Can the DPM now clarify if the Government intends to return all of the $52 billion drawn and if it will include interest?

I am concerned that a commitment to restore $52 billion within a short timeframe may subject our people to unnecessary levels of austerity and constrain the Government’s fiscal space. Austerity can have a contractionary effect on the economy. It could slow economic growth and cause some painful cuts to public services, which might impact the poor.

Can the DPM assure Singaporeans that they will not have to go through a period of austerity after the economic crisis is over, in order to restore the reserves?

If the Government’s commitment remains to restore the full amount to the reserves, then will the DPM share the broad timelines for this restoration?

I am aware that he responded to similar questions from Members back in June, but he did not give any indication as to how long it will take. He only said that it would depend on Singapore’s economy emerging stronger so that we would be in a better position to build up our resources.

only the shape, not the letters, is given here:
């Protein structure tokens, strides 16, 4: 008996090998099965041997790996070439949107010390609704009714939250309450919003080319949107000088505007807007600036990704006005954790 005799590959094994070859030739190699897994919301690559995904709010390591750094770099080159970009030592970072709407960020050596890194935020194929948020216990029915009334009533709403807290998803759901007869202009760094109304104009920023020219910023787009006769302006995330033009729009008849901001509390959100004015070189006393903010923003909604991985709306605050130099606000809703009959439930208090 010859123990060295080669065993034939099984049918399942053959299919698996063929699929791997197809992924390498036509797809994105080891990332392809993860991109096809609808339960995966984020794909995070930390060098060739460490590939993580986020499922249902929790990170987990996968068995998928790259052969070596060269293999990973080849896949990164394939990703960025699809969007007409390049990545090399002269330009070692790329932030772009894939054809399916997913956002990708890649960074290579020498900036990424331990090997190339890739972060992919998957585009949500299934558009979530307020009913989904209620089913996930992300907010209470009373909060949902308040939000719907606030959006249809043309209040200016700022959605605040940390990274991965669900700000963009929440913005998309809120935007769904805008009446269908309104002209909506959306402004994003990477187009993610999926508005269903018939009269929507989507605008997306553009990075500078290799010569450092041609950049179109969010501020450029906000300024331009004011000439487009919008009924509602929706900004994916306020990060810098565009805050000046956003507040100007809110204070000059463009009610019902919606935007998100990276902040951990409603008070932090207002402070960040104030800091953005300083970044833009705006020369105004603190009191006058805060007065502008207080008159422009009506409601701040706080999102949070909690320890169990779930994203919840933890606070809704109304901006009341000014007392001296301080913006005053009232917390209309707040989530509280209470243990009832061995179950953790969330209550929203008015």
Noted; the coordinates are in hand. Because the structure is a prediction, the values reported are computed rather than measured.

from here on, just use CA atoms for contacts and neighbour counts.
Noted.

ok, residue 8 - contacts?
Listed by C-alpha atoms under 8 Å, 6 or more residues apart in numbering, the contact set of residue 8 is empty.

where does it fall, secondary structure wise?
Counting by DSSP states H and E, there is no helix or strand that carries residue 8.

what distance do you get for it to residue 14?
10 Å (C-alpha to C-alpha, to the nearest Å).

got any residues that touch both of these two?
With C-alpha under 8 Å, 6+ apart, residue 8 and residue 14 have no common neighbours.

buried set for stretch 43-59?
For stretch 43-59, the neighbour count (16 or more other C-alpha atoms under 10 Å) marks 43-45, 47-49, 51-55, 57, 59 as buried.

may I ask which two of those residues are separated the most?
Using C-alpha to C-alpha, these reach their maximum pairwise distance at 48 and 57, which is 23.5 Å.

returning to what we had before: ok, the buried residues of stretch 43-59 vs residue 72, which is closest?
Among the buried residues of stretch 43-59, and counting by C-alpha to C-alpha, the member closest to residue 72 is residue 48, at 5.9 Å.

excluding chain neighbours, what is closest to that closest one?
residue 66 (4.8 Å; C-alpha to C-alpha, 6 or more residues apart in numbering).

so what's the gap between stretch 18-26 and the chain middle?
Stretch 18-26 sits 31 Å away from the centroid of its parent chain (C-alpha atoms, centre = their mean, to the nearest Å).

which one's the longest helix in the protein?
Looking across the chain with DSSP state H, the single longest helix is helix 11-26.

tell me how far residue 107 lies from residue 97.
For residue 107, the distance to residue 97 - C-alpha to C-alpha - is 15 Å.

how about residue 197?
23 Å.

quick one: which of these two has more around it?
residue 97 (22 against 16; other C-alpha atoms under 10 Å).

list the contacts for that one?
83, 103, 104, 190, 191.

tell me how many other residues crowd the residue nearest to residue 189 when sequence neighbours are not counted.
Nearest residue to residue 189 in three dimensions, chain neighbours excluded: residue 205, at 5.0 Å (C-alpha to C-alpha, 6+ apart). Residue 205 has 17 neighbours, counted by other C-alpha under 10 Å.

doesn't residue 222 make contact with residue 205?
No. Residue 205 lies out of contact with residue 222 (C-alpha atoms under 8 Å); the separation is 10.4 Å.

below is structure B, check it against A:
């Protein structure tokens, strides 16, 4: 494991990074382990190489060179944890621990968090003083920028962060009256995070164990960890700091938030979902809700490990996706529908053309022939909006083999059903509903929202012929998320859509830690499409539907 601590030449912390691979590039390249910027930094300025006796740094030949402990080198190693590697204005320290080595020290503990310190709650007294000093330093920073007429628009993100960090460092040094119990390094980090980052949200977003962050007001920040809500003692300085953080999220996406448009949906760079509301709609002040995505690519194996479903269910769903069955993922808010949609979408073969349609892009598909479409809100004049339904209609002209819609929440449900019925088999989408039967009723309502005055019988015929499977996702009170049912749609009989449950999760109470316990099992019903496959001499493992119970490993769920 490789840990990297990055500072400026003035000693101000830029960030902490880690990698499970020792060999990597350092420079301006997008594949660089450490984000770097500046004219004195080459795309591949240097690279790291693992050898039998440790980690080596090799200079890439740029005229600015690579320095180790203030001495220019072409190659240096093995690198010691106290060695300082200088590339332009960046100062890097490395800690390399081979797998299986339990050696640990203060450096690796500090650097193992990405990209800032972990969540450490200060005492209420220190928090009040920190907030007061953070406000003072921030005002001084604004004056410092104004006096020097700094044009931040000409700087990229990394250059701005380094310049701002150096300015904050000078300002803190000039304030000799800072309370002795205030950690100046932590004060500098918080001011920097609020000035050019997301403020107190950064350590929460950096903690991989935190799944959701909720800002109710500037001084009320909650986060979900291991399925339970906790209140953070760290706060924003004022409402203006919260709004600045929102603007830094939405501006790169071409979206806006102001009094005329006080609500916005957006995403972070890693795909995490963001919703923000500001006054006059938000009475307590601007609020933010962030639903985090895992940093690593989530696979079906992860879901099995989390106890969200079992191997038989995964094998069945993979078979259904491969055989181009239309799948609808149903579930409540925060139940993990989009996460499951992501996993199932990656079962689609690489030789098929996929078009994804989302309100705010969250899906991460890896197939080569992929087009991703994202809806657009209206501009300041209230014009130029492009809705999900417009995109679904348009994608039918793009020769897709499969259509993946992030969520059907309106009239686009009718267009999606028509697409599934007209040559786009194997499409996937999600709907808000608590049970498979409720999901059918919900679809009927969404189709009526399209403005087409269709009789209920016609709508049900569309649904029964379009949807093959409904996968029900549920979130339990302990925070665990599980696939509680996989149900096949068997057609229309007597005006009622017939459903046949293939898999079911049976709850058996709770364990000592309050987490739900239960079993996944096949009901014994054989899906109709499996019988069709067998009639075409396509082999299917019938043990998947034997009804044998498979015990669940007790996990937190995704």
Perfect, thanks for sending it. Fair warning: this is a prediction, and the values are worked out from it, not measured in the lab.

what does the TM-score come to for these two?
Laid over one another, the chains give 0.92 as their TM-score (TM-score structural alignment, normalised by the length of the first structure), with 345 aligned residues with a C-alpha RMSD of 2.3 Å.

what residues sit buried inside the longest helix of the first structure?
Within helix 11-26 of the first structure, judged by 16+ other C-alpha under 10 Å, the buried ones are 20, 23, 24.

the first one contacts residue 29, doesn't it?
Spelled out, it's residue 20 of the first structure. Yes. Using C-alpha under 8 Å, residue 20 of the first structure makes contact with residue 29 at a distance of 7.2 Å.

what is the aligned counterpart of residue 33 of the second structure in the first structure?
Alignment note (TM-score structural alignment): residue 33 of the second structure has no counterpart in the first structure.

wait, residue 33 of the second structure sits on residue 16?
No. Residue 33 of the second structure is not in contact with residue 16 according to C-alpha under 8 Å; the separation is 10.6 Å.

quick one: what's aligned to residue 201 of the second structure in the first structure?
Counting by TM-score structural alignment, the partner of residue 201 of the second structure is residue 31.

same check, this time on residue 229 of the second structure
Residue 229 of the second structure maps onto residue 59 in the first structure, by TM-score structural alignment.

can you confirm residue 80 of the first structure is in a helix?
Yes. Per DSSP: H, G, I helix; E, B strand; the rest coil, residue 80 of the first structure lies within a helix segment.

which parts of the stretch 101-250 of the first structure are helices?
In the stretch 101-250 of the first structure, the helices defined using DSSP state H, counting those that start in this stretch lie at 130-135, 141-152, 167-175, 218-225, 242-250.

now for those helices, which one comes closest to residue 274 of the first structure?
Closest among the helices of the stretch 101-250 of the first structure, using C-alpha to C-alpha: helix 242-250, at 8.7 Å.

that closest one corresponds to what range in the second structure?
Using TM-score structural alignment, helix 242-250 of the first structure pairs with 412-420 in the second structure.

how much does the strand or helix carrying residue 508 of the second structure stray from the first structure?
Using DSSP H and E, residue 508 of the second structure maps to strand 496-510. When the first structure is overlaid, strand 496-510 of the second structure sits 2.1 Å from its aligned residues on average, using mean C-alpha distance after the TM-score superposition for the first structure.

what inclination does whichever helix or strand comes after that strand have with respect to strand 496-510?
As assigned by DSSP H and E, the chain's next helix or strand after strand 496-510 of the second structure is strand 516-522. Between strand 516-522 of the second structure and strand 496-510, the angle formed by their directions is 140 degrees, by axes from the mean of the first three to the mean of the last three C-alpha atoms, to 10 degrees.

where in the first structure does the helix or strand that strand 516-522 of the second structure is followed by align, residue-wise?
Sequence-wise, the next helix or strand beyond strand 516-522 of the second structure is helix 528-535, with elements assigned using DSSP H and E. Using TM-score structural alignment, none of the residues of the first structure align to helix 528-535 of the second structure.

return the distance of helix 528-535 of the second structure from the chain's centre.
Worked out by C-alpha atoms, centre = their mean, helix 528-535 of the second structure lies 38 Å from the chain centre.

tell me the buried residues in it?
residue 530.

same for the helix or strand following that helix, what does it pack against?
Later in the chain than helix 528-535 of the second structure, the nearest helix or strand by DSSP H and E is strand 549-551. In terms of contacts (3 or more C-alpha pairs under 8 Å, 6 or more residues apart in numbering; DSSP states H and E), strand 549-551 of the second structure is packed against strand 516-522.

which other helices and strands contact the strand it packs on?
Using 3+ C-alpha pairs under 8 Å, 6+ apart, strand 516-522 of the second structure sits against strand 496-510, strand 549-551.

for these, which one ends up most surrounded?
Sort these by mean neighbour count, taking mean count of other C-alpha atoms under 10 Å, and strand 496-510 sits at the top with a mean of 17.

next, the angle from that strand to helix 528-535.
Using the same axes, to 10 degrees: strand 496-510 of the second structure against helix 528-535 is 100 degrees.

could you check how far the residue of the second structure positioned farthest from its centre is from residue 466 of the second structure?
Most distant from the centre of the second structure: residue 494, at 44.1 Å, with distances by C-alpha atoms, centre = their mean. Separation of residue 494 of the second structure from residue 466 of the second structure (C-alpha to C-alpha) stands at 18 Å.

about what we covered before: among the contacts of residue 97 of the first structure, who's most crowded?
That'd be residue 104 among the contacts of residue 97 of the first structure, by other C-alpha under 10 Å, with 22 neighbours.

Sir, a timeline of two years, 20 years or 30 years will make a huge difference in the provision required in the budgets of current and future governments. This will translate to vastly different levels of tax hikes and spending cuts required to meet these provisions.

For example, a restoration timeline of two years will require the provision of $26 billion a year. This is clearly impossible even in the best of times, as the Government’s highest ever budget surplus was $10.9 billion in FY2017, which was an exceptional year. Even a timeline of 30 years will still require a provision of $1.7 billion a year on average. This is more than the combined FY2020 budget for the Prime Minister’s Office and the Ministry of Foreign Affairs.